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Vet Parasitol. 2004 Dec 9;126(1-2):73-90.

Cyclospora cayetanensis, a food- and waterborne coccidian parasite.

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  • 1Department of Microbiology and Molecular Genetics, National Food Safety and Toxicology Center, B43 Food Safety Building, Michigan State University, East Lansing, MI 48824, USA. mansfie4@cvm.msu.edu

Abstract

Food- and waterborne coccidia including Cryptosporidium parvum, Cyclospora cayetanensis, Sarcocystis hominis and Sarcocystis suihominis, and Isospora belli are cyst-forming apicomplexan protozoa that cause intracellular infections, predominantly in the epithelial cells of the intestine. They are transmitted by oocysts from person-to-person by the fecal-oral route or via contaminated water or food. The most common symptom of infection is diarrhea, however, asymptomatic infections occur. Infections are associated with intestinal inflammation, with pathological lesions such as villus blunting, and abnormal function such as malabsorption. Mild-to-moderate, self-limiting diarrhea is common in healthy individuals ingesting infective stages of these organisms. However, patients with immune dysfunction can have severe intestinal injury and prolonged diarrhea. Diagnosis in many cases is made by a microscopic examination of the stool, and the use of appropriate staining techniques, but more recently molecular methods for detection are used increasingly. Effective antimicrobial treatment for prolonged infection in immunocompromised patients is available for most of these infections. These gastrointestinal coccidial pathogens have important similarities in epidemiology, disease pathogenesis, clinical manifestations, diagnosis, and treatment. Although there are many other cyst-forming coccidia of public health, veterinary and/or economic importance, discussion in this chapter will be limited to C. cayetanensis, as an important example of the group. Aspects of the biology, epidemiology, diagnosis, disease, treatment and control are considered. This parasite is considered to be an emerging pathogen. From 1990 to 2000, there were 11 foodborne outbreaks of cyclosporosis in North America that affected at least 3600 people. There are many outstanding questions regarding this parasite and under-reporting is common because general diagnostic methods for intestinal parasites are inadequate for detection of Cyclospora.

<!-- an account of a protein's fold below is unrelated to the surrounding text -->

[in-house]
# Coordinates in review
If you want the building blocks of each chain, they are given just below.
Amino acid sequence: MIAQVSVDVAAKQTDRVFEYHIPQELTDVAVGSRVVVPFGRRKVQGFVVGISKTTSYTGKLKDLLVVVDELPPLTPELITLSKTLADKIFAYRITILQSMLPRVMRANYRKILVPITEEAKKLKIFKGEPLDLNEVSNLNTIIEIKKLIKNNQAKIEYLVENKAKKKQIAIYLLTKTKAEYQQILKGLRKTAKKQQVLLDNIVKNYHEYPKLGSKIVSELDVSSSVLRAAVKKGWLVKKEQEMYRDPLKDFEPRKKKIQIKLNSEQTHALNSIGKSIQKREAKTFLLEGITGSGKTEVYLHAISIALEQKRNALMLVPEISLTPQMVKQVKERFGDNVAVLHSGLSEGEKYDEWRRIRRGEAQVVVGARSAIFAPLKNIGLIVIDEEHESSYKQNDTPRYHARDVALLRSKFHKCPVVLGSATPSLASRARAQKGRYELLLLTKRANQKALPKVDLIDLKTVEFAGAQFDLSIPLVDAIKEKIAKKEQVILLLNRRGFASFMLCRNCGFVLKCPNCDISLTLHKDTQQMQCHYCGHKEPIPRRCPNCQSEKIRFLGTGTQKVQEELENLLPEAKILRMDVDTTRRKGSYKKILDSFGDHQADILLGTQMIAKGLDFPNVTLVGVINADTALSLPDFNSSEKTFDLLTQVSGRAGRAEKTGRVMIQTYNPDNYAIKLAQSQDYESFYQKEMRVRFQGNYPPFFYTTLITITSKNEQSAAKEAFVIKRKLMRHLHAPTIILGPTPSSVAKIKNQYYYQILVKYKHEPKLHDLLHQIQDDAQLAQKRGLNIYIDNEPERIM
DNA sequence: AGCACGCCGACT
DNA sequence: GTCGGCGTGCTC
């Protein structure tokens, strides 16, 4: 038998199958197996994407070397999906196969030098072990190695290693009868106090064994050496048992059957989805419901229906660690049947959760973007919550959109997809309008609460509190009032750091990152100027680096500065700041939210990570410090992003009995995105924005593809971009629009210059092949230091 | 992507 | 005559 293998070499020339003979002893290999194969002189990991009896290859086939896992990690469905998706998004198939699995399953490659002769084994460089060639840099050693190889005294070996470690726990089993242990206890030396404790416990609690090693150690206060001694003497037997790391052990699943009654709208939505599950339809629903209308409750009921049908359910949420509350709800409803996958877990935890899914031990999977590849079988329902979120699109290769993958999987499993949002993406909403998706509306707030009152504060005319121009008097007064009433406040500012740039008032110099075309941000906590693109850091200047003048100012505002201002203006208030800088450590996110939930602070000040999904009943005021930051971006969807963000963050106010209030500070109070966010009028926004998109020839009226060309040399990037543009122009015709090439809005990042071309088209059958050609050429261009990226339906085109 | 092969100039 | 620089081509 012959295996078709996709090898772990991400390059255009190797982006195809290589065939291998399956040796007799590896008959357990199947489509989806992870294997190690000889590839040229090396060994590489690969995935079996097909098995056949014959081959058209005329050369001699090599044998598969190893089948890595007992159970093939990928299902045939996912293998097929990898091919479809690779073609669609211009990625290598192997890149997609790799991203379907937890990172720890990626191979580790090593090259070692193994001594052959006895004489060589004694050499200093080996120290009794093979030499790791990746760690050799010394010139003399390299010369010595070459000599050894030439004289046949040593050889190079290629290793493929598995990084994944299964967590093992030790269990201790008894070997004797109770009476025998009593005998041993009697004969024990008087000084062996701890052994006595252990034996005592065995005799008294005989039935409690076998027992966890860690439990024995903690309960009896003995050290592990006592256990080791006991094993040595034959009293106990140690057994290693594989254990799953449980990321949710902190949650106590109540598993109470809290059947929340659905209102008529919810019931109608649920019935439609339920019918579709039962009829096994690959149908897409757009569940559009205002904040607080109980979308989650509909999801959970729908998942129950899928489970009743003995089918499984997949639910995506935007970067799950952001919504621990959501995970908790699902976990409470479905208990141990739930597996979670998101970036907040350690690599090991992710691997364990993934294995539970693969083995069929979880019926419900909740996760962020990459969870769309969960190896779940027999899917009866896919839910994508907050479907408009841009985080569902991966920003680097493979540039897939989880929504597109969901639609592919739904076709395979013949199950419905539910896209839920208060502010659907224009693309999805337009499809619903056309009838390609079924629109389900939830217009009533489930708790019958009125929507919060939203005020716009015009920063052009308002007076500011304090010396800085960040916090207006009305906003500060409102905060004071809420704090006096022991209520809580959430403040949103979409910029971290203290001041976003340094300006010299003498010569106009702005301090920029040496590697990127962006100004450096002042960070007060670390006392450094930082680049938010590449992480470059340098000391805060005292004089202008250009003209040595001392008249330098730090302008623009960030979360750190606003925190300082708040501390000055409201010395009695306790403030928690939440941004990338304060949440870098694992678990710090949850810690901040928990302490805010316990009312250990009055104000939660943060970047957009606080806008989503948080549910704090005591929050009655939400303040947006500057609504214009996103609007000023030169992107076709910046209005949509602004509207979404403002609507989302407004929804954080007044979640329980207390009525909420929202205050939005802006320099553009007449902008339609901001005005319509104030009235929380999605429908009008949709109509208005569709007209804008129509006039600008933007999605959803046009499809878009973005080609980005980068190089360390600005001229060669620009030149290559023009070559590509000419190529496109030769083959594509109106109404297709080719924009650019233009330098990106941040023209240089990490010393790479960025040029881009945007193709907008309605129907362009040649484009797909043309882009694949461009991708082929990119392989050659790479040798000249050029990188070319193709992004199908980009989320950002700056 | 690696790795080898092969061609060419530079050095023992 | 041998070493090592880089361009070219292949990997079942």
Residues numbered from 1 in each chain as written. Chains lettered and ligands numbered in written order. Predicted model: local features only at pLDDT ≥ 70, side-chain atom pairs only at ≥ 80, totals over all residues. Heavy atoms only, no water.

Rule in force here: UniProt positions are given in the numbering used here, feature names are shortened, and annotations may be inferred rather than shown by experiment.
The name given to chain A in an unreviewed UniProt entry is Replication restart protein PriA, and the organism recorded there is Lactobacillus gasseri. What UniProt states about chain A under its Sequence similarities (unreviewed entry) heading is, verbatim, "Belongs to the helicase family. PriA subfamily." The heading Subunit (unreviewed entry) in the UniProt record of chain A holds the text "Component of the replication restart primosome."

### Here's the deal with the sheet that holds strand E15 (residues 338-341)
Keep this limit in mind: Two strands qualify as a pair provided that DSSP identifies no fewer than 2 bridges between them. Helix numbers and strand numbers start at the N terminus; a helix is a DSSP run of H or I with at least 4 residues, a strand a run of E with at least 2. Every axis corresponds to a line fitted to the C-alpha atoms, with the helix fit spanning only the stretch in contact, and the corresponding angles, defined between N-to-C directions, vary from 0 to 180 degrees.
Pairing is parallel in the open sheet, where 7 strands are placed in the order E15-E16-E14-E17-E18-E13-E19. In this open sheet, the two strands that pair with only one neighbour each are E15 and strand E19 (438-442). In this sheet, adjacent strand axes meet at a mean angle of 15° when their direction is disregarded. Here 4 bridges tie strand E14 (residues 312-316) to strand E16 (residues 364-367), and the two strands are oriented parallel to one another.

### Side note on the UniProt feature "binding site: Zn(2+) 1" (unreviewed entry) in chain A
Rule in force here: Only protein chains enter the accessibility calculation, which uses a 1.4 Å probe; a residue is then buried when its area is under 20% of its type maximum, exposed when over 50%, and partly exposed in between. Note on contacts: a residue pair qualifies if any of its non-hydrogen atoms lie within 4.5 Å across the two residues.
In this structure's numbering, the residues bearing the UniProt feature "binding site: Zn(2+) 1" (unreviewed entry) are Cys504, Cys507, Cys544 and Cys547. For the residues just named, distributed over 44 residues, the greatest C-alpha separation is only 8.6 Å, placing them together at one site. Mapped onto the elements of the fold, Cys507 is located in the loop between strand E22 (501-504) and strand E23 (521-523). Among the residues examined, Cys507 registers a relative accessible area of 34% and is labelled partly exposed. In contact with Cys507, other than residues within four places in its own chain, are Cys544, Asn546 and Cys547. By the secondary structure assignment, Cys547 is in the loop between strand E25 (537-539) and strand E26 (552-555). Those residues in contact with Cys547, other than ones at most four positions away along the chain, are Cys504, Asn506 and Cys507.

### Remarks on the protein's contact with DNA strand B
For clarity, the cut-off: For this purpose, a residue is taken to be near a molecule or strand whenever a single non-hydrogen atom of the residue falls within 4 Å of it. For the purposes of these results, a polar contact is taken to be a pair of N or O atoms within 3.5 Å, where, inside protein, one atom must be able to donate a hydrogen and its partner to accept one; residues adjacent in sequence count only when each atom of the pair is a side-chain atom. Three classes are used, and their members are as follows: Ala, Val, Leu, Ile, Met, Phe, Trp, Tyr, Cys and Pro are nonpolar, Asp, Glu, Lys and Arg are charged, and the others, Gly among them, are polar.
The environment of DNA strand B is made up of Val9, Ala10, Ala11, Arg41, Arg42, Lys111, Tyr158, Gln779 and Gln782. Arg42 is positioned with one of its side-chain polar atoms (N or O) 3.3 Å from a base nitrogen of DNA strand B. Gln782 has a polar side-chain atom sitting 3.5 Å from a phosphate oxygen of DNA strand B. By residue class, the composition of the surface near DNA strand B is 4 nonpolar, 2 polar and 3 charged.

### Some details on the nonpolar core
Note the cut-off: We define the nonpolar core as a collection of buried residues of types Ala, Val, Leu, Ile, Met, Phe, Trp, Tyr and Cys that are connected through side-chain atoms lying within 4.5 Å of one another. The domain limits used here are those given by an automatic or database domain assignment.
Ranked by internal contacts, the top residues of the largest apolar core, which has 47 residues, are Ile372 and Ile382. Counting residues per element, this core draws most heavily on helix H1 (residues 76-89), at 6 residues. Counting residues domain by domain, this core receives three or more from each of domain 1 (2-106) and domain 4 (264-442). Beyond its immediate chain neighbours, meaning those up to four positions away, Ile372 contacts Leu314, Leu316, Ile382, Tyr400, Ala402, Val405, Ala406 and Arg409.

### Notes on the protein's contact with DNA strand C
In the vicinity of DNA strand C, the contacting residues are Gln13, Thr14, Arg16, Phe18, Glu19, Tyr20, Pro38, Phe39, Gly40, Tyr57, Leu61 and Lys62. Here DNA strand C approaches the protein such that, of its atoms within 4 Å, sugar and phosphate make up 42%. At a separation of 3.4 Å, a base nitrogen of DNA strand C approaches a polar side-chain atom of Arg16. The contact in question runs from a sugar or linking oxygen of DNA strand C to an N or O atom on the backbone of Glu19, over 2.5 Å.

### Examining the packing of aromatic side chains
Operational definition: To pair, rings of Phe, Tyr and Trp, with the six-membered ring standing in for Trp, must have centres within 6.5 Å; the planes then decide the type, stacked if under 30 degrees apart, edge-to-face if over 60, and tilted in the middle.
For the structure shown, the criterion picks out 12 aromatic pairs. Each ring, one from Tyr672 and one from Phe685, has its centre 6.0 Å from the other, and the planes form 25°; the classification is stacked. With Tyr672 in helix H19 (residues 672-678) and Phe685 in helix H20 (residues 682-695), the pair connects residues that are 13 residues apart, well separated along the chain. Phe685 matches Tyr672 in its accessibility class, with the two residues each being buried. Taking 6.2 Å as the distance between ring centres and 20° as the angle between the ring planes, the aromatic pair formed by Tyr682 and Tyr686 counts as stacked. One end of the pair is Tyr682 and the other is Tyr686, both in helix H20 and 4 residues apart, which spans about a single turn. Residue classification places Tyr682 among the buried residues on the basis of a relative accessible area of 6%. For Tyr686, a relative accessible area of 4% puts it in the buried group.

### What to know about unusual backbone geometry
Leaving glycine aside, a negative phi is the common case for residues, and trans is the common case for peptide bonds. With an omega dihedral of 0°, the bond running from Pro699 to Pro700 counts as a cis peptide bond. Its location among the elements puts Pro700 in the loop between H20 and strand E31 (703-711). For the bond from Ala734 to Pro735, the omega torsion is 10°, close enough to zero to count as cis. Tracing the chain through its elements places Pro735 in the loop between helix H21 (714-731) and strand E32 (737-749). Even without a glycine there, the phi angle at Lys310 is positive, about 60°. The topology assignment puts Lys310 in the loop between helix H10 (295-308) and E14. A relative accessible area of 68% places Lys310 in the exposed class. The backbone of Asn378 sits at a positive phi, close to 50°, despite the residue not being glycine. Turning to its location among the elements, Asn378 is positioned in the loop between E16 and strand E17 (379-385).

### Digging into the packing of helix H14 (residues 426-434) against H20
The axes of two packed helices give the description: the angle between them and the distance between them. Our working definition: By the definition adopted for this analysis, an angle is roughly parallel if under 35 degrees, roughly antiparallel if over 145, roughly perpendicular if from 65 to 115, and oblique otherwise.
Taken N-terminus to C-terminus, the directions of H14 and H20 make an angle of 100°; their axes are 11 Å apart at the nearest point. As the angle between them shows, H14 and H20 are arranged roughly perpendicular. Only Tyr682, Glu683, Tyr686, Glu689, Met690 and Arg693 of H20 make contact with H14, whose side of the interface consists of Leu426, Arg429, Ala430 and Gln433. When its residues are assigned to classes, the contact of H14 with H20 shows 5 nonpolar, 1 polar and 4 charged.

PMID:
15567580
[PubMed - indexed for MEDLINE]
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